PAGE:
Story lessons from The Rise Of Skywalker

The art of telling stories is complex, and there is always more to learn. As I read books or watch films, I’m always on the lookout for tips and ideas, seeking to learn how good stories work and why other stories leave me unimpressed.

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I went to see the latest Star Wars film recently, and while it was enjoyable enough as an escape for a couple of hours, the overall story didn’t excite me too much. I also didn’t feel it totally succeeded in closing the whole Star Wars nine-film epic story in a satisfying way.

When I analysed why this might be, I came up with a number of lessons for my own writing.

Lesson One: Actions should have consequences

There was one moment in The Rise Of Skywalker where I was genuinely excited for the direction the story was taking. Rey attempts to rescue a friend, but while using the Force she ends up destroying the craft she believes him to be on.

Kylo Ren has been trying to get Rey to join the dark side, and so far she’s resisted. But with a moment when her own mastery of the Force comes into question, and when ‘good’ use of the Force has such a negative outcome, surely Rey will start to doubt. This, I felt, was going to be the start of her descent toward possibly turning to the dark side.

But this wasn’t to be. In the very next scene, we (and Rey) learn that her friend was on a different craft. Her failure to use the Force ‘correctly’ has no consequence (at least, for her), and she carries on as if nothing has happened.

The problem goes deeper, though. If the choices a character makes has no bearing on their success or failure, then they’re just along for the ride. And if nothing they do really matters, why should I care about them?

Second lesson: Story events must come from somewhere

There’s a well-known saying‌—‌plot twists should be surprising yet inevitable. They should shock us in the moment, but in hindsight it should be clear that this was the only way events could be played out. Think of the reveal in The Sixth Sense, and how it seems obvious on second viewing.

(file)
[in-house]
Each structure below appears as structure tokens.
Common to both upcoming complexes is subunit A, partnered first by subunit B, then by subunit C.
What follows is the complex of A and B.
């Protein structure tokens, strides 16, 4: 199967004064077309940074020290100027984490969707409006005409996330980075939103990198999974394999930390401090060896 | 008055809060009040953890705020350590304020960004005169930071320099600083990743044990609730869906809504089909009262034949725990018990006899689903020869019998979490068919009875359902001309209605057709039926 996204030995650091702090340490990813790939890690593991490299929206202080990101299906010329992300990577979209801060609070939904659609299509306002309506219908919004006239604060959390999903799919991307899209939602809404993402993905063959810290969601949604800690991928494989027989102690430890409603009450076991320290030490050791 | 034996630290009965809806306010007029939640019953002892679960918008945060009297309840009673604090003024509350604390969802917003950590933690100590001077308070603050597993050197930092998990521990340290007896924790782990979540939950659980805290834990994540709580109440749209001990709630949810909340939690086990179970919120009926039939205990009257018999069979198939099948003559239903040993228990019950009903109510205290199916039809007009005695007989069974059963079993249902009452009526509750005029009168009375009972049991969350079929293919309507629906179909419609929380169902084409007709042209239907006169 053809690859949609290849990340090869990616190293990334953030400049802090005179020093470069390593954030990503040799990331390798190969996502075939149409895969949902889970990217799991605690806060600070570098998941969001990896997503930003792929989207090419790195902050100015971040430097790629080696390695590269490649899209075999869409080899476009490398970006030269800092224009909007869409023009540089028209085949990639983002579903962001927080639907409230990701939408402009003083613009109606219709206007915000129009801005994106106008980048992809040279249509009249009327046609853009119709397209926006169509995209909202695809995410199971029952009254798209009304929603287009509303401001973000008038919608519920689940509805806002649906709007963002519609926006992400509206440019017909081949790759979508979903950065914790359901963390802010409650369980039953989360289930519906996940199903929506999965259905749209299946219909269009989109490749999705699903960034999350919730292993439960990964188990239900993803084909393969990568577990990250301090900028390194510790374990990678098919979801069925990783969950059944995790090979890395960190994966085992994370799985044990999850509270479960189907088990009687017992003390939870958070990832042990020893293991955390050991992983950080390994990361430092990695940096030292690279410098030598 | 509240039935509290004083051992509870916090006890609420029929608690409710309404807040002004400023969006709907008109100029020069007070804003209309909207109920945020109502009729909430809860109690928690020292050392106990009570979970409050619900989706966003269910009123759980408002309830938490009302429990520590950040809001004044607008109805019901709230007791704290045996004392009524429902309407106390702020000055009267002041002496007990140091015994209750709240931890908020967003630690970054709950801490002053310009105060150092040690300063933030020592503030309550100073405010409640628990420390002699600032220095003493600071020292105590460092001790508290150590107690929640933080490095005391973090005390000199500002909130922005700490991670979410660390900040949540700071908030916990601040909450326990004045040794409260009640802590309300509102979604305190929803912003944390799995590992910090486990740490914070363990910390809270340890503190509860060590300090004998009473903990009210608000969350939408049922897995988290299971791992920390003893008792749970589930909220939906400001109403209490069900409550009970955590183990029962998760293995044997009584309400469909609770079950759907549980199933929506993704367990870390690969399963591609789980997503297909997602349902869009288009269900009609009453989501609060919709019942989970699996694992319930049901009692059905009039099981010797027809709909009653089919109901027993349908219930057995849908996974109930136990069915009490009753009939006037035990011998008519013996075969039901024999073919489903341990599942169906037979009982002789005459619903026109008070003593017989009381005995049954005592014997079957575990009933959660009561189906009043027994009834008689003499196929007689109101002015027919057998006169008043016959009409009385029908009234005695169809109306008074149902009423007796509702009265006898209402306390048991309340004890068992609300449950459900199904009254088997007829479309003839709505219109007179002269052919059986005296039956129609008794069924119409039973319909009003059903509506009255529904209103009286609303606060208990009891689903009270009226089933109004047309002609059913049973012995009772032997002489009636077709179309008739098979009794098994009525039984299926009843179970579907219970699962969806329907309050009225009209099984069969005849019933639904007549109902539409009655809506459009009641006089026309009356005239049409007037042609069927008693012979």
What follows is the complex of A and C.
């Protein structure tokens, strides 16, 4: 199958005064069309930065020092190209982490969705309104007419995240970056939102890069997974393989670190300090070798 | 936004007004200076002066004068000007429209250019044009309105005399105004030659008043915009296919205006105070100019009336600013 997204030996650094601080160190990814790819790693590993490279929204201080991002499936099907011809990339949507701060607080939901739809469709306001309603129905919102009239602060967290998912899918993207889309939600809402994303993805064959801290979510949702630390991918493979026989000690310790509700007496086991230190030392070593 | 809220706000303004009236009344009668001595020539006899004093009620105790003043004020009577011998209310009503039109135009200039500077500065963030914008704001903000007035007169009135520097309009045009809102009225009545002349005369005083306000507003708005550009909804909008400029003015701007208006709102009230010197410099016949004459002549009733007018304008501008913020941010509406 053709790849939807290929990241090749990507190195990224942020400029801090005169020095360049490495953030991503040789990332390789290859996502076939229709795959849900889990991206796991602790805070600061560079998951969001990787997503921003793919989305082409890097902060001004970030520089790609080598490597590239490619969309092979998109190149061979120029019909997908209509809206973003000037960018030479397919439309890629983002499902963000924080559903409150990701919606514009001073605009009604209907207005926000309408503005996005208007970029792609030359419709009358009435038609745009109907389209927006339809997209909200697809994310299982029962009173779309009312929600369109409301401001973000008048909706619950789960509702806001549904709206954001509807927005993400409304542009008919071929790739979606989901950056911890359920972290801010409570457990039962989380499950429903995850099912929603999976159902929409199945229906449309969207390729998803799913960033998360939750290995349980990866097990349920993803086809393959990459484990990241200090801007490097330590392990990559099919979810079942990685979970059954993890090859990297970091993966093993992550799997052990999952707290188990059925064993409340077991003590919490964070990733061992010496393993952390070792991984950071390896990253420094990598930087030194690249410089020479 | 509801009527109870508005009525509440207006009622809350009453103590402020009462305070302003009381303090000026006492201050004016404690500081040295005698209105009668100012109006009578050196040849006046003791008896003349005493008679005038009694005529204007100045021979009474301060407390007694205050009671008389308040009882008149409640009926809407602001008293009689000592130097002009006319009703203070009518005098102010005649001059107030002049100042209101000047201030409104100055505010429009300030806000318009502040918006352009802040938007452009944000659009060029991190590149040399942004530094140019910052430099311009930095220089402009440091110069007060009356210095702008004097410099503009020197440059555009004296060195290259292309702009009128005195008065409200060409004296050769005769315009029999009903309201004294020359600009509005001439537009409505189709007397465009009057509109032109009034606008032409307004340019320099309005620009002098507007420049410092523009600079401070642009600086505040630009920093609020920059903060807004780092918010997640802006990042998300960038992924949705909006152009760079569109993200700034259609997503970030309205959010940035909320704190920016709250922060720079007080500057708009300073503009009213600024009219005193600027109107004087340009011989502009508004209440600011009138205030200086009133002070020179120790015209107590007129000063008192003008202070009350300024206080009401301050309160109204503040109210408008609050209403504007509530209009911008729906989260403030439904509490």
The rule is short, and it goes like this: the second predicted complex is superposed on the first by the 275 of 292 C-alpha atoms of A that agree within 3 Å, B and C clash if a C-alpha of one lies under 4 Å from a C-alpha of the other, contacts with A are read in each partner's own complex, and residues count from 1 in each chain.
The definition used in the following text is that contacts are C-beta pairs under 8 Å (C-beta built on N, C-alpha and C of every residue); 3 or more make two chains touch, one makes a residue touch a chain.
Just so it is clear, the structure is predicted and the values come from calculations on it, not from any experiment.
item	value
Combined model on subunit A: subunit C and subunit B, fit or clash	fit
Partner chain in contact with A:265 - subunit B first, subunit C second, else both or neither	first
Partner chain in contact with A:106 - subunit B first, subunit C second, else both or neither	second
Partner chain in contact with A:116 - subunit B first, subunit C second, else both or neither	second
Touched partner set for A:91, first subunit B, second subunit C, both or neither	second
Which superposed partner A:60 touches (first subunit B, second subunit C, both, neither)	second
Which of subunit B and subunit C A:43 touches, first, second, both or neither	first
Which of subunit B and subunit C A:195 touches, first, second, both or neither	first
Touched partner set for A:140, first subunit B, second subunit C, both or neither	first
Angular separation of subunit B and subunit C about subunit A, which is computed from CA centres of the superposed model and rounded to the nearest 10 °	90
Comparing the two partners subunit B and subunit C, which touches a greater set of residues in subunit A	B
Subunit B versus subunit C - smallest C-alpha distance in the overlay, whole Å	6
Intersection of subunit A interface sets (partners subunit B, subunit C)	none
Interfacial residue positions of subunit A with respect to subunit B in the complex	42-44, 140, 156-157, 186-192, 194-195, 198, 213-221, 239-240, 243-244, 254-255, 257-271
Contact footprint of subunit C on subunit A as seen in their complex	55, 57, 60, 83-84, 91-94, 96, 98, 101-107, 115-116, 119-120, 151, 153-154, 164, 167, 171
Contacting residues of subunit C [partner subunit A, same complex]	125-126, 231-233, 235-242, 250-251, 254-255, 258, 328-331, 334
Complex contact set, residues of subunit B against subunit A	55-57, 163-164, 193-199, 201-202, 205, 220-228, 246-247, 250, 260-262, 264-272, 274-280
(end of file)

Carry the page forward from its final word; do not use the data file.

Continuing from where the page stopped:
The Rise Of Skywalker fails in this right from the start, by suddenly mentioning that Palantine is not only alive and well, but also behind everything that happened over the two previous films. This reveal hasn’t been foreshadowed in these films, and his death seemed pretty definitive at the end of Return Of The Jedi.

It feels like a cheap move, or an attempt to pander to fans by bringing back an old character. Through the lens of story, it doesn’t work.

Just as actions must have consequences, events too must have origins. Otherwise, the story becomes nothing more than a bunch of stuff that happens.

Third lesson: The ending of a story is for tying everything together, not for introducing new characters and ideas.

There are some interesting ideas in The Rise Of Skywalker. We get insights into Poe’s back-story, and are introduced to a new (to us) character from his past. Also, we learn that Finn is not the only stormtrooper to have defected.

But this is the final chapter in a longer story. There isn’t the time orspace to develop these ideas, and ultimately they mean nothing. They feel tacked-on.

Maybe they serves some minor plot-point, or were an easy way to move the story on‌—‌but a well-told story would have found some other way of doing this. The ending should build on what has come before, not introduce new ideas and characters in order to work.

Lesson Four (the big one!): Have a vision for the whole story

The original Star Wars trilogy had a clear over-riding story (and I’ve written about this before, in this post), as did the prequel trilogy. But these latest three films, the sequel trilogy?

As one story, they’re a mess‌—‌and the reason for this seems to come down to a lack of clear direction. When JJ Abrams made The Force Awakens, it seems like he had some idea of where things were going, introducing plenty of open loops. But in The Last Jedi, Rian Johnson took things in his own direction (and, by all accounts, actively reversed many events set up in the previous film.) So in The Rise Of Skywalker, Abrams had to weave together a whole array of disparate plots.

Whatever he did, he was always going to disappoint people‌—‌fans of Johnson’s direction would accuse him of trying to undo, rewrite or ignore the previous film, while fans of his first film of the trilogy would moan about how Johnson derailed the whole thing, forcing Abrams’ hand too much.

A story should build. Yes, it will probably go through twists and turns‌—‌but eventually, these will be resolved in a way that (in hindsight at least) makes sense. Again, a story is not just a bunch of stuff that happens, but a coherent whole.

This is true of individual stories (books, films etc), but also true of a series. The seeds of the eventual ending should be sown early on, and the final chapter (episode) should build on everything that has come before.


So, four reasons why The Rise Of Skywalker left me underwhelmed, as both its own story and the final chapter in a series. And (more importantly) four lessons that I can take into my own writing.

New short story – ‘Where Does The Time Go?’

Another short story this week. I had the idea for this one ages ago, but only got round to actually writing the thing a couple of weeks ago. It came out pretty well as a first draft, but I’ve made a few changes and tightened things up a bit.

After going for a positive story last time (with Sentinels), this one is definitely darker (just to warn you). It’s called Where Does The Time Go, and you can read it here.